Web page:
It Comes At Night marks another feather in the brooding horror-hat of A24, a production company with a growing reputation for hiring young filmmakers with a vision. They support them with name-actors that elevate their films into that rare space between the arthouse and the multiplex (see Green Room, Ex Machina, The Lobster, The Witch, Room, and The Blackcoat’s Daughter as excellent examples).
And so it is with writer-director Trey Edward Shults’ It Comes At Night – a post apocalyptic movie low on cliché and high on relentless dread.
An unnamed disease or plague has decimated civilization (referred to but never explained). Paul (Joel Edgerton), his wife Sarah (Carmen Ejogo) and their son Travis (Kelvin Harrison Jr.) have locked themselves away in a remote country house.
Paul keeps his family alive via a strict set of day-to-day survival rules, the most important rule of all surrounds the ominous red door, the only splash of colour in an otherwise bleak pallet of dark corners and candle-cast shadows.
Behind the heavily bolted red door is the only room accessible from the outside. It’s the room the family uses for quarantine should an infection break out – as it does in the film’s powerful opening where we witness the disease overtaking Grandpa Bud.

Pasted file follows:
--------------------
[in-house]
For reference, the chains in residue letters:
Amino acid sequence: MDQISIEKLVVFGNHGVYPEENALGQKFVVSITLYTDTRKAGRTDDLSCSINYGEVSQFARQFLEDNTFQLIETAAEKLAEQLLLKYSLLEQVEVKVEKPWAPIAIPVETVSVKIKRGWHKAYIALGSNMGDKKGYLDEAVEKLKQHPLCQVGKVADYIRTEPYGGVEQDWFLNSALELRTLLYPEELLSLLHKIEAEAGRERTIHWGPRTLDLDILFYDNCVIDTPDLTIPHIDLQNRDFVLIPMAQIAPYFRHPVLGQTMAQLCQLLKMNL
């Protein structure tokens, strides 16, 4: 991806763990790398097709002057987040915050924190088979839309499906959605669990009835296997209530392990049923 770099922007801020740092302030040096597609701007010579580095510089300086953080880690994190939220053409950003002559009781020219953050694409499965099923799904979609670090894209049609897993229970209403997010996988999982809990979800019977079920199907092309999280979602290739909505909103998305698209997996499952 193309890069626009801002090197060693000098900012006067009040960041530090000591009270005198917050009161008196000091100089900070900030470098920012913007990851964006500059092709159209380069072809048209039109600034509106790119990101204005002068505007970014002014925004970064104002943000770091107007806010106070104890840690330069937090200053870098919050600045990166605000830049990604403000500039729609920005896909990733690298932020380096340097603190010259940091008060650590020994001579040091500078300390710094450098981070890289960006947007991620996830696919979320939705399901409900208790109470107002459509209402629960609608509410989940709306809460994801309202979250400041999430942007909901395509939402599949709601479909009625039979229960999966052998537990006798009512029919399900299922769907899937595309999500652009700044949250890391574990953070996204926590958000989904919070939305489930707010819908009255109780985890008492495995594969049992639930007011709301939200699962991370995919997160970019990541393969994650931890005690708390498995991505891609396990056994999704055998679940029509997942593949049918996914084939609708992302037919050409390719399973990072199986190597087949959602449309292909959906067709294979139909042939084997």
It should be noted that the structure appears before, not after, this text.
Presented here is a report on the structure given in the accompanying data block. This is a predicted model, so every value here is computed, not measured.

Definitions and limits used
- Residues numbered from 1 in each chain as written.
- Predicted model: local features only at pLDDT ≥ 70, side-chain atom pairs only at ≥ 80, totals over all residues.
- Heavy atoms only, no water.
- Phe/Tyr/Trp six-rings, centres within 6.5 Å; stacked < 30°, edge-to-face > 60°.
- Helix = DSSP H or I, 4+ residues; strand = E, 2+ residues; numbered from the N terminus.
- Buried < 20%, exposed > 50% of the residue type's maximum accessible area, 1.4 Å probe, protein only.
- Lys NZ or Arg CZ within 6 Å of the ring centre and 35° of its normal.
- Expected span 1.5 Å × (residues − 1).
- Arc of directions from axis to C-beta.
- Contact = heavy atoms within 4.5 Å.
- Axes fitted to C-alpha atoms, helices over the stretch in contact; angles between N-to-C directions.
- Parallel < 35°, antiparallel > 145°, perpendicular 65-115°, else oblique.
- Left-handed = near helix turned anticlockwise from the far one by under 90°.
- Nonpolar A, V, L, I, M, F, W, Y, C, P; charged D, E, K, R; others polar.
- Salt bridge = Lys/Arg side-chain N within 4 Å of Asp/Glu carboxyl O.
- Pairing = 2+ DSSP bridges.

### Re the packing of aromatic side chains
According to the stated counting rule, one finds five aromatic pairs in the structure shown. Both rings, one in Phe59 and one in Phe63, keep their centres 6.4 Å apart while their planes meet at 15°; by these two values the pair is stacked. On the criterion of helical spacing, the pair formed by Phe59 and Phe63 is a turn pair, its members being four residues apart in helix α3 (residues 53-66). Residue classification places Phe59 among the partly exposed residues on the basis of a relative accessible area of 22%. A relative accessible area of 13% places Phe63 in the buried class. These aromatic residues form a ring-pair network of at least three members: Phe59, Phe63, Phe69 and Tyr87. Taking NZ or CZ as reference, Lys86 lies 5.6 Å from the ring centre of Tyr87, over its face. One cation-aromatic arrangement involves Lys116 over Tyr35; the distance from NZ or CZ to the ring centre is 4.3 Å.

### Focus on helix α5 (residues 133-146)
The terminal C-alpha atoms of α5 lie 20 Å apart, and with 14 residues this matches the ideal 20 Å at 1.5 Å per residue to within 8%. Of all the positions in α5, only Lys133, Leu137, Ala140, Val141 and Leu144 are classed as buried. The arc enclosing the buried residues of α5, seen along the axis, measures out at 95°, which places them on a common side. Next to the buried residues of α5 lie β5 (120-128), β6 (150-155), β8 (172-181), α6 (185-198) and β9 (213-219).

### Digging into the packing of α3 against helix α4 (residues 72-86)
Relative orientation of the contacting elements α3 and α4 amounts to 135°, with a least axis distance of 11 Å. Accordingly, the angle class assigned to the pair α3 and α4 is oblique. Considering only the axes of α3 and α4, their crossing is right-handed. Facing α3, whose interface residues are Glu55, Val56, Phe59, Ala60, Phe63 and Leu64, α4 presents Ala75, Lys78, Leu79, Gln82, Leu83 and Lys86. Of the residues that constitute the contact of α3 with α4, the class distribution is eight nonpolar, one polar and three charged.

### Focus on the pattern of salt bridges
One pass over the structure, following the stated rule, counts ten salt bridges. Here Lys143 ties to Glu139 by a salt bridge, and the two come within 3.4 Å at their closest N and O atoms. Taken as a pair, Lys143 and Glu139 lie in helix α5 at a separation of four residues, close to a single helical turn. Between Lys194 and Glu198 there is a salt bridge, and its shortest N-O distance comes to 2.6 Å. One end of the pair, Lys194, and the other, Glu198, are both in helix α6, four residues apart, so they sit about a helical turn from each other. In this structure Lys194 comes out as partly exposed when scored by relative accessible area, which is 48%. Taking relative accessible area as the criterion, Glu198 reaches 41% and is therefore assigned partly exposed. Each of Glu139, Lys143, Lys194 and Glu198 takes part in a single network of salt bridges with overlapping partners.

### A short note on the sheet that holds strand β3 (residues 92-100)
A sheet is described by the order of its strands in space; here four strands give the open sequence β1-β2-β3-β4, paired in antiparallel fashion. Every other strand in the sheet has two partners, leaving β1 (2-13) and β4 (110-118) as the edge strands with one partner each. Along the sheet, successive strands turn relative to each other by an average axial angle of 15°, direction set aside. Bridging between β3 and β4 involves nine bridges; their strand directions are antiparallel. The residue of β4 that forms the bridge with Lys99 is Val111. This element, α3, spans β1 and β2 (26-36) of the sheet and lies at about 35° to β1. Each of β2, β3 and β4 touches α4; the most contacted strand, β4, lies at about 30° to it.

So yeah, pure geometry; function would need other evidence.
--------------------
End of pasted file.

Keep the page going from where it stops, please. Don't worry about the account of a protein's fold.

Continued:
Like Kubrick’s use of Room 237 in The Shining, the red door is an important narrative tool. Whatever comes through it from the outside will endanger those on the inside. It’s through this door that Will (Christopher Abbott) enters the movie.
Will’s a fellow survivor, searching for shelter for his family, wife Kim (Riley Keough) and their young son Andrew (Griffin Robert Faulkner).
The movie’s central conceit is how these two families survive under the same roof as suspicion, mistrust, and paranoia build to breaking point. This is a movie less about the killer plague and more about mankind’s ability to destroy one another once tribes are formed.
The interplay between the family members is expertly handled, from peaceful cooperation to clashing patriarchs, through sexual tension, maternal instincts, and jealously.
Everyone in the cast gets time and space to perform and they do so excellently. Special mention goes to Kelvin Harrison, whose Travis is really the key character. Harrison is pitch perfect as the young man caught awkwardly between childhood and adulthood in this oppressive environment.
It’s Travis’ fever dreams, hormones and fluctuating teenage emotions that run neatly through most of the movie’s vital moments. It’s really Travis’ story.
It’s important to briefly touch on the film’s excellent handling of race. The family are mixed race; Paul is Caucasian, and Sarah and Travis are African American. Whether intentional in the script or simply a case of the best actors got the job regardless of race (I suspect the former), Schult handles his characters with a delicate touch that avoids any trappings of racial politics.
It is then, in the director’s own words, a ‘post-racial horror film’. There’s a refreshing innocence to that.
It’s the sheer emotional tension that makes It Comes At Night a winner. It’ll tie your stomach up in knots. It’ll stay with you.
It’s familiar post-apocalyptic turf where the constant unrelenting sense of dread and danger are dumped within a pressure cooker and the dial slowly and steadily turned-up past the point of return.
As good a horror film as you’ll likely see this year.
It Comes At Night opens across Canada on June 9, is rated R, and is 97 minutes long.